Two beautiful horses share one unusual tale
"Black Beauty" is the autobiography of a horse. Written by Anna Sewell, it was published in 1877, had a big readership by man and beast, and didn't fool anybody. I tried to read it in my youth, but at the second spavin I shifted to more spicy stuff and began to study "Little Women." "Black Beauty" and "The Faerie Queen" are a couple of my blind spots.
I mention "Black Beauty" now because I got to thinking about Earl Buck. Nothing has ever made me think again about "The Faerie Queen." I was told one time that only two people are known to have read "The Faerie Queen," but I didn't hear why.
Mr. Buck was an elderly resident of the Down-East town where I was fetched up, and to all appearances might have been described by Thoreau as living in quiet desperation. He and Mrs. Buck lived at the end of Cushing Street, next beyond Will Fish, the undertaker, and I believe there were no children. I think I never saw her. She didn't socialize and probably never joined anything or met with other ladies.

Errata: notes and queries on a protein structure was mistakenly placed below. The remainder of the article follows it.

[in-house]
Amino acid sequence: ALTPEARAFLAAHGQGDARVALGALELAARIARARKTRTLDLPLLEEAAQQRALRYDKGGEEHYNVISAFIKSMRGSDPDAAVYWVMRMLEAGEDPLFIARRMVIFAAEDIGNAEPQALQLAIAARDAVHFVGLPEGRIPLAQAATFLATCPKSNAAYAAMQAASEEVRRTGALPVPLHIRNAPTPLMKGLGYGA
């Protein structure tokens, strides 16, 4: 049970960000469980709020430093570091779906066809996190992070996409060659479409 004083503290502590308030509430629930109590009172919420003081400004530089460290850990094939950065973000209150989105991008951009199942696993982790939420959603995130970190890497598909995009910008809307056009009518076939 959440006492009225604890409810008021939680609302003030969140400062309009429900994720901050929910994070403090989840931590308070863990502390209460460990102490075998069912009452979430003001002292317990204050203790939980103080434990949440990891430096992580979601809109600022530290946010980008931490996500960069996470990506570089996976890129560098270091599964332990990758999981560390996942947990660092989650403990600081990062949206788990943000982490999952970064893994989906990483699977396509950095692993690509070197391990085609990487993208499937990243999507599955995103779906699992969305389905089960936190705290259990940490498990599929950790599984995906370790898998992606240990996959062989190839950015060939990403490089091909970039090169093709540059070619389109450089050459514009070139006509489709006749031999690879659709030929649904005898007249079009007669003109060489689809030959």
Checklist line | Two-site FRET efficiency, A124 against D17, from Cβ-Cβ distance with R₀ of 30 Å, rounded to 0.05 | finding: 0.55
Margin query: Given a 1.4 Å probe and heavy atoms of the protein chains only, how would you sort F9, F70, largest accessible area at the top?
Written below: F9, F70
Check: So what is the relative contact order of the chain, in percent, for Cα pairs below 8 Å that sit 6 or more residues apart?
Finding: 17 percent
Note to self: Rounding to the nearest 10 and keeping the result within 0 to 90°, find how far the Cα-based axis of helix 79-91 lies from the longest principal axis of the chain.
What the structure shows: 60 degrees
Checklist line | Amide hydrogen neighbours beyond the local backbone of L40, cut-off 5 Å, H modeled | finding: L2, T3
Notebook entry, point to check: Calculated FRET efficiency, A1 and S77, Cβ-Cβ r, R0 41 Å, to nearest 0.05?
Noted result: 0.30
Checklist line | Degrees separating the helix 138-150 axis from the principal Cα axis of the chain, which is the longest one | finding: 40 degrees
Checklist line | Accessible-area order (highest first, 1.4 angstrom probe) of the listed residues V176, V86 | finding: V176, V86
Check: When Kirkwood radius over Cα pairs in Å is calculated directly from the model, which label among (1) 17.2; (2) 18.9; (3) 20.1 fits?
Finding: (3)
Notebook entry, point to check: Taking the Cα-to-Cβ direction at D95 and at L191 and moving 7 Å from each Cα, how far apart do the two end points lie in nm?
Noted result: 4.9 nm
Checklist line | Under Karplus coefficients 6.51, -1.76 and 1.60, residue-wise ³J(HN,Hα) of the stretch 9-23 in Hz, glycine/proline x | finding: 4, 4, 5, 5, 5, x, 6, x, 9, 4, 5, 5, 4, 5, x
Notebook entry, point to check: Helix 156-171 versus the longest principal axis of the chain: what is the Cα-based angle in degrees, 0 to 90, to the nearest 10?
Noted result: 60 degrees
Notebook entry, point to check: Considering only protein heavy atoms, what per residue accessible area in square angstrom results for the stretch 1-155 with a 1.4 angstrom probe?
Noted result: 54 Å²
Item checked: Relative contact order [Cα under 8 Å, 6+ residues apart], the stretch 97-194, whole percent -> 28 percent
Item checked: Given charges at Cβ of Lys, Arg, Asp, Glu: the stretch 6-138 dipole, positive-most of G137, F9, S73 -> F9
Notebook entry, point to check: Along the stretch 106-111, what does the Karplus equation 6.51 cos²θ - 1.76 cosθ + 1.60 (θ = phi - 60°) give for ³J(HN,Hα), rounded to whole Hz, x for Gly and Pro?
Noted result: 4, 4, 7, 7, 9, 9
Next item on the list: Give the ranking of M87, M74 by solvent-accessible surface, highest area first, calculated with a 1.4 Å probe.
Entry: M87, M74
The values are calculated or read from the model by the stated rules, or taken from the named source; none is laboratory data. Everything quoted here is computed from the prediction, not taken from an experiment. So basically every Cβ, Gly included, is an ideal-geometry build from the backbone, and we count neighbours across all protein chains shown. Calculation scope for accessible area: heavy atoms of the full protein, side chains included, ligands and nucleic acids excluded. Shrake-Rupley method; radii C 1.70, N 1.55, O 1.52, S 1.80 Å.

Mr. Buck, however, was easy to meet and could be seen almost any time about the village watching somebody paint a shed or helping to get a cat down from a tree. He had been variously employed during his working days and retired from the job of gate tender for the Maine Central Railroad at the important Bow Street crossing.
He was an eager conversationalist and yarn spinner. He knew everybody, and everybody knew him, and I found him helpful as I gathered news items for the paper. As crossing tender, he was also in charge of hanging the daily postal pouch on the yardarm to be caught at 90 miles an hour by Train 8 just short of midnight.
Train 8 also hove an incoming pouch out the mail-car door just after catching the outgoing bag, and this one came to rest somewhere within four to six miles. Mr. Buck's search for it up and down the tracks gave me many items.
Mr. Buck was a good source. He had been a town constable in his time and a volunteer fireman, dog officer, truant officer, and sealer of weights and measures, hence a public official to be respected.
He was also the owner of a somewhat famous racehorse named Evelyn W. Evelyn W. was long since retired from the track, but as a trotter held something like l7 world records and was in the books.
Let me explain.
Our town had several sporty gentlemen who kept and raced trotting-hosses, and it was not something that didn't raise eyebrows from time to time.